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Old Jan 15th, 2021, 03:06 AM
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Good point the train (depending on route) climbs through the mountains with loads of little tunnels etc very pretty and the Taranto section follows the coast, you could even stop for a night say in Potenza. Or you could change in Potenza (you need to change station) and take the narrow gauge to Gravina through empty fields. Gravina has ancient cave churches down in the gorge and is a worthy 24 hour visit in itself.
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Old Jan 15th, 2021, 03:21 AM
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If you take the Taranto bound Intercity mentioned by Bilboburger, you may leave it at Ferrandina in order to change to a Matera bound bus and spend your first night at Matera.
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Old Jan 15th, 2021, 09:07 AM
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On the same train you could visit Metaponto. https://en.wikipedia.org/wiki/Metapontum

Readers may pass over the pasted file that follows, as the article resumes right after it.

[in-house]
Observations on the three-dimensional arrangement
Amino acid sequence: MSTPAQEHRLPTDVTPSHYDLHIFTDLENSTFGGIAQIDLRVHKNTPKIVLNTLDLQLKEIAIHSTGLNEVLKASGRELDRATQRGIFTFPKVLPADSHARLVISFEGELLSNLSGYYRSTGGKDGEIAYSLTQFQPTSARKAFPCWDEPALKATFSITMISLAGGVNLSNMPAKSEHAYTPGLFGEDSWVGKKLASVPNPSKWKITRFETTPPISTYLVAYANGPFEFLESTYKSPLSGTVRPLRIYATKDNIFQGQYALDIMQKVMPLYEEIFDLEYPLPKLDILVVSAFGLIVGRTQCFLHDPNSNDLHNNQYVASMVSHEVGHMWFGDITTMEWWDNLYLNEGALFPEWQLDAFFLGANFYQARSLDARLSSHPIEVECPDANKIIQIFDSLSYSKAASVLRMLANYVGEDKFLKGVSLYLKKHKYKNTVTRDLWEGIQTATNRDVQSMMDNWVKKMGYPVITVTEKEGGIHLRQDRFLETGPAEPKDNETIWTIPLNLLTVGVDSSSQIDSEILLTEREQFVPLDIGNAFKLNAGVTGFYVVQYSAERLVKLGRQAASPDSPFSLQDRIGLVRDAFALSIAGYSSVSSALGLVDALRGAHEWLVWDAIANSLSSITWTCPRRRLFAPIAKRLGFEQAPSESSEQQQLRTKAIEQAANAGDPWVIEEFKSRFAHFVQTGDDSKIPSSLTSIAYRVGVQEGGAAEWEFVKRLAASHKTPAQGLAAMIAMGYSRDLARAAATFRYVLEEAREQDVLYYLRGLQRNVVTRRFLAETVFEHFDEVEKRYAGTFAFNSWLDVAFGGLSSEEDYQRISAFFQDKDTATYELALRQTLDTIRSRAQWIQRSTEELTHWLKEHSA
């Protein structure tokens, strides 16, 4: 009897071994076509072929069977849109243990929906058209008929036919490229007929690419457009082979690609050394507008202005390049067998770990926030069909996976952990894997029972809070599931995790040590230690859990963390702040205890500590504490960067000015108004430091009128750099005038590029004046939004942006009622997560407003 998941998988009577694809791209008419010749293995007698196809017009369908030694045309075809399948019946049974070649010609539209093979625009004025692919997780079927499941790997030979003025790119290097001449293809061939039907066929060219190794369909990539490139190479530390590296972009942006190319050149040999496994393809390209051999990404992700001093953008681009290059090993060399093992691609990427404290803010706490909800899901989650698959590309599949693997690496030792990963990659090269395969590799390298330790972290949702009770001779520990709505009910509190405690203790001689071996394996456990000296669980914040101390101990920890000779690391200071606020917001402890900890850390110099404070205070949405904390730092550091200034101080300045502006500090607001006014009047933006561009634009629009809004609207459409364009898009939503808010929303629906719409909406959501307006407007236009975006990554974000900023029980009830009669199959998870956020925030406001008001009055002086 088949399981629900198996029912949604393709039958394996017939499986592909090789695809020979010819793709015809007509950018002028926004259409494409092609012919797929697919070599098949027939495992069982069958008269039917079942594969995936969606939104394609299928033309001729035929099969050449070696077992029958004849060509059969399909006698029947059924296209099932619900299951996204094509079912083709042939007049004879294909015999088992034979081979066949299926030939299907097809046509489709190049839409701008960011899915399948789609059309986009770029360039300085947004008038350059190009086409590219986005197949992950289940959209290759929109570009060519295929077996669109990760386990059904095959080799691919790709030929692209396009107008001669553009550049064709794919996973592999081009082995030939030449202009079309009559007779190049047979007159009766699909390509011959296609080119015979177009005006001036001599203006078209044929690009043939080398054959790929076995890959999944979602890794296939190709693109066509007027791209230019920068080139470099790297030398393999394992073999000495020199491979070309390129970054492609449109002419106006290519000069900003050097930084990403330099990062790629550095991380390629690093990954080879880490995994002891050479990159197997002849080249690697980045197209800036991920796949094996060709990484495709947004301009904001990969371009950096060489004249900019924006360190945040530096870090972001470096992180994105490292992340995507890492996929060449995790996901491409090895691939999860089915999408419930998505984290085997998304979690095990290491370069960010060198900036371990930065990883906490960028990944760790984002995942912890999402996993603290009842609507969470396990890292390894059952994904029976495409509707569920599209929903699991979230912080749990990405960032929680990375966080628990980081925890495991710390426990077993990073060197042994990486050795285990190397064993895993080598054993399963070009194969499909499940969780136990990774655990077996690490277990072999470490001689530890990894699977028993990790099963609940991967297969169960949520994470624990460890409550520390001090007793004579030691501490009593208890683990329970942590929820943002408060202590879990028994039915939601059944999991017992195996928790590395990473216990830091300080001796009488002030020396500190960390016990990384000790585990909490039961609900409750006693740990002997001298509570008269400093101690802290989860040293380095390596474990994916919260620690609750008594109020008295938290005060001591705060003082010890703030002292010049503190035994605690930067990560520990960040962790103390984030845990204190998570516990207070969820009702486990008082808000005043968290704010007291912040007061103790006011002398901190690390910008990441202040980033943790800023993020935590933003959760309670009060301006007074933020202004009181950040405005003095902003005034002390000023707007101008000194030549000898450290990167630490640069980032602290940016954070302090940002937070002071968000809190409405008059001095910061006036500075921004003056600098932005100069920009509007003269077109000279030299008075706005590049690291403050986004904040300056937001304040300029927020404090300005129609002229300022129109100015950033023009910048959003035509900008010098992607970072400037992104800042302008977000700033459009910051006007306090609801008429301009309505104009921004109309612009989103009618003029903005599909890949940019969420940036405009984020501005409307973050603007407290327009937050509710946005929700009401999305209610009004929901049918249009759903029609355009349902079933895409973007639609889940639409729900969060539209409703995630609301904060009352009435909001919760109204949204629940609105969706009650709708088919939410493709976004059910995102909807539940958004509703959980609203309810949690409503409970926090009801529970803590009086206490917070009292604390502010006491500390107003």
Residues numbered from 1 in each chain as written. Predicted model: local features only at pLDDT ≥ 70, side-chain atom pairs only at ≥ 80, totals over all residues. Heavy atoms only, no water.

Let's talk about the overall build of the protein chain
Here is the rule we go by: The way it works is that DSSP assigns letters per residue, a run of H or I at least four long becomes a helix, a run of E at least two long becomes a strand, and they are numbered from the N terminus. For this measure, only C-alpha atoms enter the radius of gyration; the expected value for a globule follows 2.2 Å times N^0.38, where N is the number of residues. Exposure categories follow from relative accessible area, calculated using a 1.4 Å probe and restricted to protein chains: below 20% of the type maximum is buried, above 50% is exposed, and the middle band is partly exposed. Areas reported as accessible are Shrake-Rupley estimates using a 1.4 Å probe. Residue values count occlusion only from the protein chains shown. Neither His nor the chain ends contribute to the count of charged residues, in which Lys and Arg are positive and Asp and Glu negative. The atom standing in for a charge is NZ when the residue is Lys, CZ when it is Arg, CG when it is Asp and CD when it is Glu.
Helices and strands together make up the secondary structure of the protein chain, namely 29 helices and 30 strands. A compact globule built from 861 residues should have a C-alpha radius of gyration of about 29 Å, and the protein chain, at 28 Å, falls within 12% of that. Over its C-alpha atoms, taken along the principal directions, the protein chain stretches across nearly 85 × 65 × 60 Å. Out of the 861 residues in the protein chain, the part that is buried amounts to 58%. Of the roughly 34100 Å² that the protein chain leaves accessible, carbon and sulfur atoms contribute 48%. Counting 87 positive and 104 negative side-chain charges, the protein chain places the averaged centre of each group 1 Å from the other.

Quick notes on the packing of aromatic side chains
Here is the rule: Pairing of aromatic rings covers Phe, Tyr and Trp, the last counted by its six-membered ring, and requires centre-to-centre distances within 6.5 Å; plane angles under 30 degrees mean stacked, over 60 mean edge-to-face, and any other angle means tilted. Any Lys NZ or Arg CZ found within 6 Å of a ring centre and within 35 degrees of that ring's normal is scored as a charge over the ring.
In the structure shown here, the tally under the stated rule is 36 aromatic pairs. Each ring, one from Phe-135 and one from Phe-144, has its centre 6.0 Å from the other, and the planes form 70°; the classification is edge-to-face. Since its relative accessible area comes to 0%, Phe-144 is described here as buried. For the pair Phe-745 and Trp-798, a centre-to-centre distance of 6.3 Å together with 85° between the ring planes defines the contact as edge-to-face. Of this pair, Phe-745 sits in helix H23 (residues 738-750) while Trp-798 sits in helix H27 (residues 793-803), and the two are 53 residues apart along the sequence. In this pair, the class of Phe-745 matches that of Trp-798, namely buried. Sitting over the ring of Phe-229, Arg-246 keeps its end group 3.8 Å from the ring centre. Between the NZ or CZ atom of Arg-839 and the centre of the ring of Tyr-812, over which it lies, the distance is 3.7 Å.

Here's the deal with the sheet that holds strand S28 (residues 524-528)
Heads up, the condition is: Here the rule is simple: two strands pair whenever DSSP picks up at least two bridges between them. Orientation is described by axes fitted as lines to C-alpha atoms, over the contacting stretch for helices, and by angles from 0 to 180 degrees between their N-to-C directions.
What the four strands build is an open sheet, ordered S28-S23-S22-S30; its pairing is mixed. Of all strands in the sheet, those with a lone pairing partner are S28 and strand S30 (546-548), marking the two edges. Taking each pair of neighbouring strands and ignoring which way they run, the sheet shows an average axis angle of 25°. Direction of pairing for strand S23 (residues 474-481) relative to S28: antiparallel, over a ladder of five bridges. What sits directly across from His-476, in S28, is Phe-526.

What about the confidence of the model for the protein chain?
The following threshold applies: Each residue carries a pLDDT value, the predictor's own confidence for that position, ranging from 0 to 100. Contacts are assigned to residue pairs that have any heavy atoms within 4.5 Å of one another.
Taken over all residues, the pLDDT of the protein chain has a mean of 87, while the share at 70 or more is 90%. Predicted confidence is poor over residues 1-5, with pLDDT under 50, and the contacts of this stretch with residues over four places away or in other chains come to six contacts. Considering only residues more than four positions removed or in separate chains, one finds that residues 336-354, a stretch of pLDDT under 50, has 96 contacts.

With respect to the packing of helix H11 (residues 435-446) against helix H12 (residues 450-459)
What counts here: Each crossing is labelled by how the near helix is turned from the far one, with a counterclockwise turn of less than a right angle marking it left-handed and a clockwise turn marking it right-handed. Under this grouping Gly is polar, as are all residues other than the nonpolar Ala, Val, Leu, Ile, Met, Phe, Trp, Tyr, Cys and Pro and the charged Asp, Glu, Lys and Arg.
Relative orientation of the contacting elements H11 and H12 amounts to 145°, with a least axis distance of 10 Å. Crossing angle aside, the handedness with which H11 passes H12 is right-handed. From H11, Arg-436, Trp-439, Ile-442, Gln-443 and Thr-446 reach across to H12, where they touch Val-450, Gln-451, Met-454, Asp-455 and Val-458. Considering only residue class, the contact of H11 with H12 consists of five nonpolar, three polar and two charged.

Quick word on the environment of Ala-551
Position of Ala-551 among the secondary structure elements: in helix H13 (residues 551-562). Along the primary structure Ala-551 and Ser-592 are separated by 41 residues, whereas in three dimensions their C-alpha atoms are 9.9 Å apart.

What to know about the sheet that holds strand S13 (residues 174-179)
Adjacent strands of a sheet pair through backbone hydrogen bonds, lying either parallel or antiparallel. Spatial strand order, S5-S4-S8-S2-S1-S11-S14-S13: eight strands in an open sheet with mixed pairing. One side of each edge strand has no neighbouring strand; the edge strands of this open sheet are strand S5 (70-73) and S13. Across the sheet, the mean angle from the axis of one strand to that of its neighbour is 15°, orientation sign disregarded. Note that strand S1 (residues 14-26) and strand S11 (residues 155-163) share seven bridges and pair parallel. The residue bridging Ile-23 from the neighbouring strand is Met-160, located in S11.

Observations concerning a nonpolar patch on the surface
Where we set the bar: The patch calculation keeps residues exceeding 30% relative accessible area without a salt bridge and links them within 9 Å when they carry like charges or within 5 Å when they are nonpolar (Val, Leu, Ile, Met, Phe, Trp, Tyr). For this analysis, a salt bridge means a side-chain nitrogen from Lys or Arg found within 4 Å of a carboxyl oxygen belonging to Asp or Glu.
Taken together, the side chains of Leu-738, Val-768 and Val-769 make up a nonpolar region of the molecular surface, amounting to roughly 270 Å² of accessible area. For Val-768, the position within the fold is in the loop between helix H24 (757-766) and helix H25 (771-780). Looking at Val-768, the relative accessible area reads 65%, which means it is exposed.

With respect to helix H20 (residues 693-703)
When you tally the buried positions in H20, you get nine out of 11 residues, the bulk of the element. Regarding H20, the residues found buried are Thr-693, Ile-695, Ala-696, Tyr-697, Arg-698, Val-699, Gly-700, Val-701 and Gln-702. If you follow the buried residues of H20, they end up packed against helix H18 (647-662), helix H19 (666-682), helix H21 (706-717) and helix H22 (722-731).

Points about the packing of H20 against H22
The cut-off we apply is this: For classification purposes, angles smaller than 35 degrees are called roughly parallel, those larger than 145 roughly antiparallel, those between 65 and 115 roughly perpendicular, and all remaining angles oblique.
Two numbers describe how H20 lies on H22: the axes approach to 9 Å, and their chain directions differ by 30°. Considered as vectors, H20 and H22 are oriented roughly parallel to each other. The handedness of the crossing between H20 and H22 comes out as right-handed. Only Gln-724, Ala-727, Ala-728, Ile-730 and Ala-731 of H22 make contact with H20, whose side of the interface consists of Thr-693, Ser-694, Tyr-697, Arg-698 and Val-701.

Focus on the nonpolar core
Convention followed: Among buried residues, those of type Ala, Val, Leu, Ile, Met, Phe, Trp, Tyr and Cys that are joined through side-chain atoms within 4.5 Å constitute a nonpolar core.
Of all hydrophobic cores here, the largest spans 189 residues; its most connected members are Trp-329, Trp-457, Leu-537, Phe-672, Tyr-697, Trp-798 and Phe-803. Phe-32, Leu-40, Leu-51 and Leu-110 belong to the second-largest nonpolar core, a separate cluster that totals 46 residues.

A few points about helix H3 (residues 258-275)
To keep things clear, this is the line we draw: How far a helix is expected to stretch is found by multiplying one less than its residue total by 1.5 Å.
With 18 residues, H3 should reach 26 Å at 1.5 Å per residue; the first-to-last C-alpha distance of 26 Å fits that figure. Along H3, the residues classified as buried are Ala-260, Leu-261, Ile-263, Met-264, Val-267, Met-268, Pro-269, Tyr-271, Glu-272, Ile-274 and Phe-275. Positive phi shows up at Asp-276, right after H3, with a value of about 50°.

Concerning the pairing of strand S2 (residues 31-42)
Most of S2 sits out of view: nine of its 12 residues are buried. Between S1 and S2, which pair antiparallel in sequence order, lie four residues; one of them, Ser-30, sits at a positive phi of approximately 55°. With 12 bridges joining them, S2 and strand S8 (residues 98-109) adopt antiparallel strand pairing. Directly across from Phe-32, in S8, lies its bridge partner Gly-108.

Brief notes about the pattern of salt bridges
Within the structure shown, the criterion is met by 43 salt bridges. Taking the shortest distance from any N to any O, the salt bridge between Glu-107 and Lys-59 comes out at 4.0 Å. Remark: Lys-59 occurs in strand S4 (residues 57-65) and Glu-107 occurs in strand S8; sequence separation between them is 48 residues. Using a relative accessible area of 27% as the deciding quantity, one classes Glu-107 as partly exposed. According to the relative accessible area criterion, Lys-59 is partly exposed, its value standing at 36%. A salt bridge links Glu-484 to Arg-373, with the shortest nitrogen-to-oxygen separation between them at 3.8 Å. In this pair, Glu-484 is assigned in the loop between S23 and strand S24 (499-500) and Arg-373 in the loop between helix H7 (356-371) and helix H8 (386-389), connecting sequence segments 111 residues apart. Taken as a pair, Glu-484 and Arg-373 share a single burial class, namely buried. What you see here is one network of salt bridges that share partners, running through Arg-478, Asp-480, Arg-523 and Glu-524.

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Old Jan 15th, 2021, 09:25 AM
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dreamon, I'm interested as to why you'd rather take the train from Rome (other than helping the environment which I do agree with). I agree that it affords views of the countryside that we wouldn't see from a plane (and we do love Italian trains), but to your point about us not having a lot of time in Puglia, flying would give us another half day. I found flights from Rome to Brindisi with a shuttle service to Lecce. I'd love for you to expound on your thoughts!

AZ, I'm in the process of reading your trip report - thank you for steering me to it!

Ciao.
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Old Jan 15th, 2021, 01:20 PM